It is very interesting that, as shown in the last section, any regular polygon with 6n sides can tile the plane using rhombs and triangles.

But we can say much more than this.

If a regular polygon has a composite number of sides, it turns out that there are several (sometimes many) ways to decompose it into smaller regular polygons and rhombs.

Here are some examples for the 30-gon which has 6x5 sides.

The first row in the illustration shows that the 30-gon can be broken down into all rhombs, two 15-gons or 1,2 or 3 decagons.

The second row shows decomposition into 1, 2, 3, 4 or 5 hexagons.

The third row decompositions in triangles. These always come in pairs, with 2,4,6,8 or 10 triangles.

The fourth row shows decompositions into pentagons. These also come in pairs, with 2, 4, or 6 pentagons. The final two examples show mixed regular polygons: 6 triangles and a hexagon, and 5 triangles and 3 pentagons.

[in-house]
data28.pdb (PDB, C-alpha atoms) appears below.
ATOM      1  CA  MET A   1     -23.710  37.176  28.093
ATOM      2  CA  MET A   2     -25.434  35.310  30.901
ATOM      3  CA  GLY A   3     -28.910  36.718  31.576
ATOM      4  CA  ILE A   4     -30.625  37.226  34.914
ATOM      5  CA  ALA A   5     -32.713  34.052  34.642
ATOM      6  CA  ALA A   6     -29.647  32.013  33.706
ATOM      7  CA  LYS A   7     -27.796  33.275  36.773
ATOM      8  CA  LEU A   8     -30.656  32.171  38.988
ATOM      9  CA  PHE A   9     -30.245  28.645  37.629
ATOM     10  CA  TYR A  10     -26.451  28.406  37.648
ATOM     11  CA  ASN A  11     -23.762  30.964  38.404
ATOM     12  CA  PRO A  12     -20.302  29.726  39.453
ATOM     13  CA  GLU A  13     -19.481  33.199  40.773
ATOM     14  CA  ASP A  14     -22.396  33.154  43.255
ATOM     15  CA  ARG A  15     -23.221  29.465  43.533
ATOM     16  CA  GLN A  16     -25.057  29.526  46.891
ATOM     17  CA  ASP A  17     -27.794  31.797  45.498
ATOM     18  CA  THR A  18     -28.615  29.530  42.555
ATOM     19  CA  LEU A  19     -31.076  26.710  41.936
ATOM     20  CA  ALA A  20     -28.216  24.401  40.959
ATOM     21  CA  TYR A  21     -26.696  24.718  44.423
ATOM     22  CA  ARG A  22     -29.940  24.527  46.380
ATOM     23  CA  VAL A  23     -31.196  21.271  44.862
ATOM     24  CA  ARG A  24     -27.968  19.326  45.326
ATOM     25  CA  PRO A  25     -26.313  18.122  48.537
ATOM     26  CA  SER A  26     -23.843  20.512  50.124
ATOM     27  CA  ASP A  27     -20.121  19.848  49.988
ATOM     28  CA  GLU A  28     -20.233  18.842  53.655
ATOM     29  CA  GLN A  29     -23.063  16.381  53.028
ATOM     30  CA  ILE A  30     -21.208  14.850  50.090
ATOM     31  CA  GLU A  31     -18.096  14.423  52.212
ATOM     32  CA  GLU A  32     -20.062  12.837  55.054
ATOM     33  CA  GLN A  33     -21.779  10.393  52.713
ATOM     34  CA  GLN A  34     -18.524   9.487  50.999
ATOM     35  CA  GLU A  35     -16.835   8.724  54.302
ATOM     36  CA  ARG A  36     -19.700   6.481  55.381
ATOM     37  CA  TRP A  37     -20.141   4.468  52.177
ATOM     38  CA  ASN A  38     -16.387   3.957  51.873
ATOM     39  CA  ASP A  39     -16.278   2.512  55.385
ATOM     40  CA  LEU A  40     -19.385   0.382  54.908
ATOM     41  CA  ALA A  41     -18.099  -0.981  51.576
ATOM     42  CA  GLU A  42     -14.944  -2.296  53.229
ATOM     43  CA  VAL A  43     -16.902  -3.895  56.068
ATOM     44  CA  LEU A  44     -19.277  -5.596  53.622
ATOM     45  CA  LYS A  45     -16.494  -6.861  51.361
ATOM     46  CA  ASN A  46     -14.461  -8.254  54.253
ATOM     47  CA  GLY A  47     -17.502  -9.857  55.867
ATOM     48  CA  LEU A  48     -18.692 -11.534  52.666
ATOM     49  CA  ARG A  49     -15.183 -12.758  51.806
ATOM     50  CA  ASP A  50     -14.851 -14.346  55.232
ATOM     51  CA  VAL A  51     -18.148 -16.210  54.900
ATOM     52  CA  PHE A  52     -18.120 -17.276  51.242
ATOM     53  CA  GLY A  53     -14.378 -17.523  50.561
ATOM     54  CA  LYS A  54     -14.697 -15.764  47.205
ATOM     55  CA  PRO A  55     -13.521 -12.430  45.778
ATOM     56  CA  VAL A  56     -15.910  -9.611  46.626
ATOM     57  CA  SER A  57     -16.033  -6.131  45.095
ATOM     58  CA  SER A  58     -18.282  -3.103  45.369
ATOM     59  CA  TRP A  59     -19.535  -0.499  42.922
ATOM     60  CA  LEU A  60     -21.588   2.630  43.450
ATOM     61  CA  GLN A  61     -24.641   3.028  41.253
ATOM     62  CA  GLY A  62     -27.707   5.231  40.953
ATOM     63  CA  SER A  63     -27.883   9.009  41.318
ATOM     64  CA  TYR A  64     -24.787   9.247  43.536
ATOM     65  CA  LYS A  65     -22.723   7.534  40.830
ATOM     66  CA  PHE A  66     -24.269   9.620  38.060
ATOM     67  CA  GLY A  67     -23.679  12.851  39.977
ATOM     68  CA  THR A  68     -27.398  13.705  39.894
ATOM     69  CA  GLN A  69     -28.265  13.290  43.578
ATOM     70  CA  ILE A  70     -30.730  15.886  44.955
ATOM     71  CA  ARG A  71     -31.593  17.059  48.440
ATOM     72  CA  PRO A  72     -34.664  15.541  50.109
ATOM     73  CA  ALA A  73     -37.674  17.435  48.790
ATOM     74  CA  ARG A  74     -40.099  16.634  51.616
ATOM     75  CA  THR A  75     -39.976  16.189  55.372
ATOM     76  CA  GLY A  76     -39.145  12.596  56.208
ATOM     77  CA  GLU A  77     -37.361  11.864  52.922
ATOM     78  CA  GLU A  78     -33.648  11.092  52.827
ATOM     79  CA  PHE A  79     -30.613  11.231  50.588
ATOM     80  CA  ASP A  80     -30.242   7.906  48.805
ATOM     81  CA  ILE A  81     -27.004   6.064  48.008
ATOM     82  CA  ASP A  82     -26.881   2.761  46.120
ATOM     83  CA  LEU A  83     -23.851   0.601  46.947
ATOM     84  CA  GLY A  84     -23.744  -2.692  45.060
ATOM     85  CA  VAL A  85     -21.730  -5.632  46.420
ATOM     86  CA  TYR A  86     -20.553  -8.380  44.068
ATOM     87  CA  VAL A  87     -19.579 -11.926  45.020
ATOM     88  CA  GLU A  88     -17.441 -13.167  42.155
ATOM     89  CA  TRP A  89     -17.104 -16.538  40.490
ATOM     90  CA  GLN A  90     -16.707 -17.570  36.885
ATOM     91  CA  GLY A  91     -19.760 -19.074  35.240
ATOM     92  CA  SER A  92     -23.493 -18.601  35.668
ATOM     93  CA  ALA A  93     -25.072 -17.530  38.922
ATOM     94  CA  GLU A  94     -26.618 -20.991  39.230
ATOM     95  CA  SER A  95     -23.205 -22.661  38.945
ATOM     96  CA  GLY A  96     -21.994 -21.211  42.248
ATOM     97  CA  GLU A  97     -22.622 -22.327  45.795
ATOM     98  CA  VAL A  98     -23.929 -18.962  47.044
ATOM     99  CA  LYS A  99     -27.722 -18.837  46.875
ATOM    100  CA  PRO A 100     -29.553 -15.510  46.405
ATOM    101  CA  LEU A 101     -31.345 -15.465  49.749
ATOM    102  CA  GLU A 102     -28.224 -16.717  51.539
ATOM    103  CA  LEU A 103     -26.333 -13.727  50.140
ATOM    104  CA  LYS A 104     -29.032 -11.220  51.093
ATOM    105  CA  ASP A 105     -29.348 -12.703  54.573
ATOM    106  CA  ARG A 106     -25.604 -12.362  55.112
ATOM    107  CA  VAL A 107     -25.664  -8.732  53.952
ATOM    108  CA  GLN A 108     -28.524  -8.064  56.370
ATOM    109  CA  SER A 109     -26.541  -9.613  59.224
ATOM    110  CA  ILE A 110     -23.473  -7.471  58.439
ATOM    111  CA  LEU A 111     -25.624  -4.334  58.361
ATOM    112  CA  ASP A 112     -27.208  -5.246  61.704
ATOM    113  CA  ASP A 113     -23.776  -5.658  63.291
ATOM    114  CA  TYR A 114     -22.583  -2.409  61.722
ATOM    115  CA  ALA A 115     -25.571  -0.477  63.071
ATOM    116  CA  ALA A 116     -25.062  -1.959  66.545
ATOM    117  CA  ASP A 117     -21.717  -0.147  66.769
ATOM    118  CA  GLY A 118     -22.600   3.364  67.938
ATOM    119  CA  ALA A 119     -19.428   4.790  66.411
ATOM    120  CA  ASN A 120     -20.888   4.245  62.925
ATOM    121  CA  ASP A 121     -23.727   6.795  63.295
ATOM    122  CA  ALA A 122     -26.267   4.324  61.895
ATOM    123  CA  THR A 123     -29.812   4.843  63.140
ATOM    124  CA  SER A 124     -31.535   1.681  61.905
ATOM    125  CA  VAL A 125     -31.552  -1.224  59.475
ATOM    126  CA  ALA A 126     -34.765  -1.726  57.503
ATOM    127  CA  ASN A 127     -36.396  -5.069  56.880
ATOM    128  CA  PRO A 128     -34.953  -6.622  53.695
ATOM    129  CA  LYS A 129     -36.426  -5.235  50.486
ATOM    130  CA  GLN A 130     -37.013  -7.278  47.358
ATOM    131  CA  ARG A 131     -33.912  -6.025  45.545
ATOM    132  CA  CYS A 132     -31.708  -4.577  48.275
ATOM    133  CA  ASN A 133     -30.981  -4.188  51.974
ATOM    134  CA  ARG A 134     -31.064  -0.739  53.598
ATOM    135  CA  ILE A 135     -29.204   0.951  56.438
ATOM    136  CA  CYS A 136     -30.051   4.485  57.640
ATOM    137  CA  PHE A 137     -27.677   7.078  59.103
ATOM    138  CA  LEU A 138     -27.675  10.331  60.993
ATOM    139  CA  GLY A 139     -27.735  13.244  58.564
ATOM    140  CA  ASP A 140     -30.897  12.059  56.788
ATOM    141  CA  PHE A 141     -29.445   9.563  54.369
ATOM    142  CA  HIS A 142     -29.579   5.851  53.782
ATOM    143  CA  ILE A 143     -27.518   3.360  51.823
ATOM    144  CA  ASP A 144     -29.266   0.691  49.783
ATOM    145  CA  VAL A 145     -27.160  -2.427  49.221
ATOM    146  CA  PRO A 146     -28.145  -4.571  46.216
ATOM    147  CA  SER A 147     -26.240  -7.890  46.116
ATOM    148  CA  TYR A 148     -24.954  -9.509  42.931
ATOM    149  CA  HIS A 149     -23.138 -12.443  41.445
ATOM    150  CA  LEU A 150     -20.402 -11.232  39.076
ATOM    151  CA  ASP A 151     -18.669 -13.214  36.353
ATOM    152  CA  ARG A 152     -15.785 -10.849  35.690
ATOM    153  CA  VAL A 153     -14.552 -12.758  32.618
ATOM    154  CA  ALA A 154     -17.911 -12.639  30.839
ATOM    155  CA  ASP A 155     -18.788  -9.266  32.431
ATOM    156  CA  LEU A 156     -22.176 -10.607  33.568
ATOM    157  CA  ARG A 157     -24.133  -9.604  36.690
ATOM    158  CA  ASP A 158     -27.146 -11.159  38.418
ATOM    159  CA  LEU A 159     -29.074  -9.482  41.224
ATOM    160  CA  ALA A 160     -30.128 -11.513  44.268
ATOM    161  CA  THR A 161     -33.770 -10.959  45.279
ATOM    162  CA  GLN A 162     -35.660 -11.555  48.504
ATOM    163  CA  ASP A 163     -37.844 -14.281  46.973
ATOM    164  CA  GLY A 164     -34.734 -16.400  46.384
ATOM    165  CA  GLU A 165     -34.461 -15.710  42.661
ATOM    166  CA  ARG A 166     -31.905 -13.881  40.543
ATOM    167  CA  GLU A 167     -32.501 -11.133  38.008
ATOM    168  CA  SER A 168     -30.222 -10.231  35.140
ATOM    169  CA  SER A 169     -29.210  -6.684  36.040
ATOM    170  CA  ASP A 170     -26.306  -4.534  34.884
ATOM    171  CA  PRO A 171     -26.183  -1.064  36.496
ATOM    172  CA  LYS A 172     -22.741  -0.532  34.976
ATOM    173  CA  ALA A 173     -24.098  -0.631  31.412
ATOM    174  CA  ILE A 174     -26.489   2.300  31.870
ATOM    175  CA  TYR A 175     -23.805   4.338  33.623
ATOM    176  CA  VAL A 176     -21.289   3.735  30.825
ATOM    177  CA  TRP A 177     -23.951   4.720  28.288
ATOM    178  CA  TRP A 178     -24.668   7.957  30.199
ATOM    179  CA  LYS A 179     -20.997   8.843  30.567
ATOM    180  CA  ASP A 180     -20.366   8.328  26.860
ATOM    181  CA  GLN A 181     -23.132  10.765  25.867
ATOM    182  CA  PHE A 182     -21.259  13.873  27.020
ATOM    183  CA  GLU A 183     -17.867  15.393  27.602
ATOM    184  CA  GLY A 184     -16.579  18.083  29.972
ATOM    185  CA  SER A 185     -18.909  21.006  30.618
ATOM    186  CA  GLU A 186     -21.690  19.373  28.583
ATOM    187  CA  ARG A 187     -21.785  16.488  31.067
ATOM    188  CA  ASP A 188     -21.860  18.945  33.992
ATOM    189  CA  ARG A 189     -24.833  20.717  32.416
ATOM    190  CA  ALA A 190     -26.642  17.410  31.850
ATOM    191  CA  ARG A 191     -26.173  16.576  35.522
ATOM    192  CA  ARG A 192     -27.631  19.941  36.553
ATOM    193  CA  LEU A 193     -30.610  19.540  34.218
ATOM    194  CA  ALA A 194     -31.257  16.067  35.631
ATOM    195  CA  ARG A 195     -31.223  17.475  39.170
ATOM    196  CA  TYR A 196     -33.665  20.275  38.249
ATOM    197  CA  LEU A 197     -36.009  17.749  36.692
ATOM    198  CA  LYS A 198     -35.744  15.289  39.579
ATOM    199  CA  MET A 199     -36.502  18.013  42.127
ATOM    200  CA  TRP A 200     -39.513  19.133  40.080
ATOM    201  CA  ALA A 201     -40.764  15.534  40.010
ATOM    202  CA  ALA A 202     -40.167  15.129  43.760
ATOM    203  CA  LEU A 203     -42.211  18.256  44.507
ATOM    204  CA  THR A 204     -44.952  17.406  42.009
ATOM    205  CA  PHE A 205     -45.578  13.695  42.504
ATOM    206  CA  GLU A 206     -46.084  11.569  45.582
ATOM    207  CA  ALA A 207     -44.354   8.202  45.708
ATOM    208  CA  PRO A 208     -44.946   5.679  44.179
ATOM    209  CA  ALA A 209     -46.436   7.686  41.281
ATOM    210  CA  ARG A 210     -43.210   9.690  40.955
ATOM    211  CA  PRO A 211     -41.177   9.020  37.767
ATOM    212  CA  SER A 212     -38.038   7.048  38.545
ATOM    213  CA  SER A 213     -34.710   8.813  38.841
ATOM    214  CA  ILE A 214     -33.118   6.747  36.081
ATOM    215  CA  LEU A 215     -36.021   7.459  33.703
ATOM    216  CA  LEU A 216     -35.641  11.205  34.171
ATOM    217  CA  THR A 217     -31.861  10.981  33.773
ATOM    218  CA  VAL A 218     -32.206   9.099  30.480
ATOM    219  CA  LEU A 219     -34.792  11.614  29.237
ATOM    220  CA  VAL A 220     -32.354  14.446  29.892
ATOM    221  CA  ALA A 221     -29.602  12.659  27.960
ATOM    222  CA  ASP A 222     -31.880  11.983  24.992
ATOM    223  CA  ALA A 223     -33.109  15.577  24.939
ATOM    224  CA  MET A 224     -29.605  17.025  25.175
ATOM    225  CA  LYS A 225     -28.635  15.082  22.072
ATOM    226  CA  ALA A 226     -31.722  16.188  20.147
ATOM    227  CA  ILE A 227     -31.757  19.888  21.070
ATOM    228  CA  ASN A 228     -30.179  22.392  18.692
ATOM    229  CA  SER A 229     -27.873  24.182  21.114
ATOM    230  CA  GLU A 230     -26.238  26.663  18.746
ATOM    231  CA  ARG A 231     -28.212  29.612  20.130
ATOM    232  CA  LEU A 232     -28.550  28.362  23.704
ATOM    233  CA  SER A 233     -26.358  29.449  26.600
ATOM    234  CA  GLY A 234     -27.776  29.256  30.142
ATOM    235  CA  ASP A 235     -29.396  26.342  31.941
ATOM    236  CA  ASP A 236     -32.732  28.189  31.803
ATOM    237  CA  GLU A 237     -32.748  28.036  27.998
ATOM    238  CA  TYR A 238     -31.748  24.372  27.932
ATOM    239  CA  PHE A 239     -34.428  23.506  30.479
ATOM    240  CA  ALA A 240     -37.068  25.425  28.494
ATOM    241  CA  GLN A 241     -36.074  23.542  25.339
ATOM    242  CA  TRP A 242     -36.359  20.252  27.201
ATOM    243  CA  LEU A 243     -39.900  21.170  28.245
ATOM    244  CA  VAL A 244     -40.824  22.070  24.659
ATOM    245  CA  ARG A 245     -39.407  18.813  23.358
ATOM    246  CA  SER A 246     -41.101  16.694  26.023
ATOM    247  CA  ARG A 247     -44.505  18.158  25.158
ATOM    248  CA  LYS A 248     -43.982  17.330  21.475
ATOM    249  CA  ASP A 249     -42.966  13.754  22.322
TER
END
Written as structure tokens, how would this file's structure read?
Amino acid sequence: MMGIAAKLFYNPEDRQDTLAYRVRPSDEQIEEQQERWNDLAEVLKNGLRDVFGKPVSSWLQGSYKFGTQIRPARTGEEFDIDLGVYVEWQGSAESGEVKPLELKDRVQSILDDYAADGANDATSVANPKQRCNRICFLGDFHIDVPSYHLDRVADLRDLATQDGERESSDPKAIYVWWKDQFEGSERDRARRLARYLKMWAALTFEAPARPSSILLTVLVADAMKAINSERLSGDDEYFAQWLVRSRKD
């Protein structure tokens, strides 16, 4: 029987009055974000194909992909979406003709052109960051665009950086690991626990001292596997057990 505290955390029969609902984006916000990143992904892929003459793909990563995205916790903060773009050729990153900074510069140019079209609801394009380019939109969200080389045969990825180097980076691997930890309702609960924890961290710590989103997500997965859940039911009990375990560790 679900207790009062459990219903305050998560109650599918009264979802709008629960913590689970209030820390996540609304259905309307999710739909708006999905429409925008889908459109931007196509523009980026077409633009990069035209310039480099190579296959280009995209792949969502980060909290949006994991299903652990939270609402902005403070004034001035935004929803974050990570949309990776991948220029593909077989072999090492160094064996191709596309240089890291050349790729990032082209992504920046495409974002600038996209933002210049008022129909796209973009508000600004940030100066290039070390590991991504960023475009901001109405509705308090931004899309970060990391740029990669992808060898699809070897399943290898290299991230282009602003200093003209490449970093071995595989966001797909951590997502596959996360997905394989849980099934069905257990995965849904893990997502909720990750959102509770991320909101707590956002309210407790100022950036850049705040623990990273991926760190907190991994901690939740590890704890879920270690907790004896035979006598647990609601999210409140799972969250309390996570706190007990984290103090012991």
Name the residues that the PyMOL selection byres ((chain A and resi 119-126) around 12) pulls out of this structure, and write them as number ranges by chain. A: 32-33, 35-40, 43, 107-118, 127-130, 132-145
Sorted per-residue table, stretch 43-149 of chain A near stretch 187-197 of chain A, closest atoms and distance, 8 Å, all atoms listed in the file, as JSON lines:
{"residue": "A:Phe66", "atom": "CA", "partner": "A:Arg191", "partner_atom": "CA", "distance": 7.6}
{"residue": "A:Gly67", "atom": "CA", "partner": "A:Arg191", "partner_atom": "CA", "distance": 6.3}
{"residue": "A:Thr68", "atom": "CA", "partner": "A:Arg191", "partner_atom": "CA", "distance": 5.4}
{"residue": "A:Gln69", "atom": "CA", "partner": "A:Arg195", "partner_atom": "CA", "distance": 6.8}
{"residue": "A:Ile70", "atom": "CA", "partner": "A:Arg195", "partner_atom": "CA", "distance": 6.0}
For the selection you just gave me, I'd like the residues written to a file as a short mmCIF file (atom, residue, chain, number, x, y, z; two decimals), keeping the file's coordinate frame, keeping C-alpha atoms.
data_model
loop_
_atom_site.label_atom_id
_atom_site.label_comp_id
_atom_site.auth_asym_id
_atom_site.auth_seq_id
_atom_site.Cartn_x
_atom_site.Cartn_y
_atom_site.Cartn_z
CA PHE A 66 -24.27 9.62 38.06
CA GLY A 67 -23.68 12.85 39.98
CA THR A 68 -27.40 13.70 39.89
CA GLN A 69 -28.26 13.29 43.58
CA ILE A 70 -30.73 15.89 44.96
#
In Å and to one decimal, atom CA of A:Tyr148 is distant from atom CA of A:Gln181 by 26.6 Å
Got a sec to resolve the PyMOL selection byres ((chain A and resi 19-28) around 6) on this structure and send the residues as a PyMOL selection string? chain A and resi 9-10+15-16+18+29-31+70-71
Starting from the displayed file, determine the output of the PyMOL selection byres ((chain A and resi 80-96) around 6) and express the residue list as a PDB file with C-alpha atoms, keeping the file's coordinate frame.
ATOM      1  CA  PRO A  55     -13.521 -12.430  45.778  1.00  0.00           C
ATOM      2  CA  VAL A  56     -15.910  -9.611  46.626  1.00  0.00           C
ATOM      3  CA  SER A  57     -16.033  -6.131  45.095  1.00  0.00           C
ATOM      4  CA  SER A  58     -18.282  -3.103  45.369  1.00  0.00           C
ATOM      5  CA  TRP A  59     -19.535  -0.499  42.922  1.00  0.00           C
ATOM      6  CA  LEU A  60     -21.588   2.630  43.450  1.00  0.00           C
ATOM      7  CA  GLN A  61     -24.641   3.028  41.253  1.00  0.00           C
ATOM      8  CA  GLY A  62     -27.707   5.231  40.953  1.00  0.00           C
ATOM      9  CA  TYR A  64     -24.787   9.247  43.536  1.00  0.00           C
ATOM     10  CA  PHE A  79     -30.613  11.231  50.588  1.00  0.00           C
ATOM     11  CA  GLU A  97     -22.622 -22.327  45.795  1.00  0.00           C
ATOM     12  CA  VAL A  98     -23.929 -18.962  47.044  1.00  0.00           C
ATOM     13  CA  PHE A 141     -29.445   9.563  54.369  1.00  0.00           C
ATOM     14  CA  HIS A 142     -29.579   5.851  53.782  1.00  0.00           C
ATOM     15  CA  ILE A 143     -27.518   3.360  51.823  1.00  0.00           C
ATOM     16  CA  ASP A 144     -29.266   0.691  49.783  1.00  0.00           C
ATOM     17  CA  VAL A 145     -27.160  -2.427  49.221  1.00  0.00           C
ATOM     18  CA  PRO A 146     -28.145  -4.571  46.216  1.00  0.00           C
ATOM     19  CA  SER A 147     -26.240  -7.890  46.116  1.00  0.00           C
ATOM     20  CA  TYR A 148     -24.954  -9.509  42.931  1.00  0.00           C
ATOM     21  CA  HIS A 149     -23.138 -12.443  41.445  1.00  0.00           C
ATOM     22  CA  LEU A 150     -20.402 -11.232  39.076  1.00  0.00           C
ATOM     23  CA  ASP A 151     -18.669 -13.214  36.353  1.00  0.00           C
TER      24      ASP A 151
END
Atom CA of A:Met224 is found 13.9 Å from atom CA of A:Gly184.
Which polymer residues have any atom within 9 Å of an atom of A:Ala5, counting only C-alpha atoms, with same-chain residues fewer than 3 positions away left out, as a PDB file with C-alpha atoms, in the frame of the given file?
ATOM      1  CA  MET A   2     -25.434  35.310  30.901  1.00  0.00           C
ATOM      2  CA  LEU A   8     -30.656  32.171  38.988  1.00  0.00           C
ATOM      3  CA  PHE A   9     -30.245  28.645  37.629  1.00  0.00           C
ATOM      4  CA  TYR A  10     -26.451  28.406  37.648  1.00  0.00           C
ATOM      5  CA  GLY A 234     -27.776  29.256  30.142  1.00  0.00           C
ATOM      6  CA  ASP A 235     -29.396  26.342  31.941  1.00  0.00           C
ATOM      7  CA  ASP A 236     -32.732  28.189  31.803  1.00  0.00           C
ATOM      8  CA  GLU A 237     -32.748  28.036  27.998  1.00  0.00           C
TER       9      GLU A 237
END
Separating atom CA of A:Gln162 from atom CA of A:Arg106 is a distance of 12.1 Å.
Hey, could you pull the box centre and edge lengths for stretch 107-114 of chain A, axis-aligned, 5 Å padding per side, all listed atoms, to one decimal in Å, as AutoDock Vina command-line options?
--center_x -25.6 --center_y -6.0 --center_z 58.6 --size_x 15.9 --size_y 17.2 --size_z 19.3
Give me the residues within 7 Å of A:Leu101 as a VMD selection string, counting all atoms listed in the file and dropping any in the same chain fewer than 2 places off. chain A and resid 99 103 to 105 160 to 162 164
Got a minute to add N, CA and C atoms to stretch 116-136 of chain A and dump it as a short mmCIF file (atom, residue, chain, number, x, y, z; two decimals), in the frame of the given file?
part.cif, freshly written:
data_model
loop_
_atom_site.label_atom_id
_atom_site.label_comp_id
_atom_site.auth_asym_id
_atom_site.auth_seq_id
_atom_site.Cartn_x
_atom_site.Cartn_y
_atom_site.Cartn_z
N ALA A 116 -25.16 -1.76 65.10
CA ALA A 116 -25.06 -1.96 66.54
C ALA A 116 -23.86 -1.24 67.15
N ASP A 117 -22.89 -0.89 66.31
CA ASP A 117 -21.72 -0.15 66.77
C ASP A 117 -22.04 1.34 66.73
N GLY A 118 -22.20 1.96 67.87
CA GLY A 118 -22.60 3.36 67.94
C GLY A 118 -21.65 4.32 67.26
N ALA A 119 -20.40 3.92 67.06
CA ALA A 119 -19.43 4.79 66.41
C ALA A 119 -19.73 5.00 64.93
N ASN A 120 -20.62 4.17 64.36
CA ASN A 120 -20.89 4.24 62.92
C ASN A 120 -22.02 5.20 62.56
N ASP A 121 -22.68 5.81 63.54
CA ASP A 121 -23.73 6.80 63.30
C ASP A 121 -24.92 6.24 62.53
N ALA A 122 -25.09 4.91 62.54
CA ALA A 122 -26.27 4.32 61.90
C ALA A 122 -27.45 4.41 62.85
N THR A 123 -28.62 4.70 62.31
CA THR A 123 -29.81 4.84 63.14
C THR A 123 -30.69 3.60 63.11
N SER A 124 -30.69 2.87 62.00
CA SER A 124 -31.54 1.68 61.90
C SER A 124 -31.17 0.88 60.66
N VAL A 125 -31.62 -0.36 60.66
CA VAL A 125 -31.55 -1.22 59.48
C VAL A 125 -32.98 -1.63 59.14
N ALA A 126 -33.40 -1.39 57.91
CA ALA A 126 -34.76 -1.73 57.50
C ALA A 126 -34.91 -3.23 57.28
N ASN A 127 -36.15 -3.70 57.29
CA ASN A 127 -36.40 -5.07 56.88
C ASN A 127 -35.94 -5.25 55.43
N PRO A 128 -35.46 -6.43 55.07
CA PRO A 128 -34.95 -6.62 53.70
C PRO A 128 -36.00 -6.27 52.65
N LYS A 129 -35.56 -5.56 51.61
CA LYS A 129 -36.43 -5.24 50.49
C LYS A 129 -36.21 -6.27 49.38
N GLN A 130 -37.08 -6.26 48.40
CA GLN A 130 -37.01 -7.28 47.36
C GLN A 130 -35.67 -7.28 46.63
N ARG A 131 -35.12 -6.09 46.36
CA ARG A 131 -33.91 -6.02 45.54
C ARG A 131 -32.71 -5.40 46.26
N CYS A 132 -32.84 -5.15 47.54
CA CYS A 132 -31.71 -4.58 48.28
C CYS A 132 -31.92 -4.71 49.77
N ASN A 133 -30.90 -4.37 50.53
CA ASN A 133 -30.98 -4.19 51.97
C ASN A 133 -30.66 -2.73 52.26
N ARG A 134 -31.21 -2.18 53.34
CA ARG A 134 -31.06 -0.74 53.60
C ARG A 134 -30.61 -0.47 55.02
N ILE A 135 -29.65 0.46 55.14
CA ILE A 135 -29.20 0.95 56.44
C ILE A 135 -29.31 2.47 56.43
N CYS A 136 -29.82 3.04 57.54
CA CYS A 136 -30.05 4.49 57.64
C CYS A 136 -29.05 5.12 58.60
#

It turns out that the same basic pattern applies to a decomposition of any even-sided regular polygon, and can be described as follows:

### Decomposition theorem (even case)

If a regular polygon has j = mn sides where j is even with m > 1 and n > 2, then it can be decomposed into rhombs and:

0,1,2,3,...,m n-sided regular polygons if n is even or

0,2,4,...,m n-sided regular polygons if n is odd.

(Note that this theorem does not cover decompositions into more than one type of regular polygon although the examples above shows that this is often possible. Moreover, this is not a complete list of **all** the possible decompositions into regular polygons as we will see by the end of Part 3.)

One of the consequences of this theorem is that a 6n regular polygon (n > 2) can always be decomposed into rhombs and 6 n-sided regular polygons, and hence a plane tiling involving 6n-sided regular polygons can easily be converted into one involving n-sided regular polygons. Notice that 30 = 6x5 and one of the examples above shows six pentagons.

In the following sections we'll look more at this result and an algorithm for constructing the above decompositions.

But first, out of curiosity - what happens if the polygon being decomposed has an odd number of sides?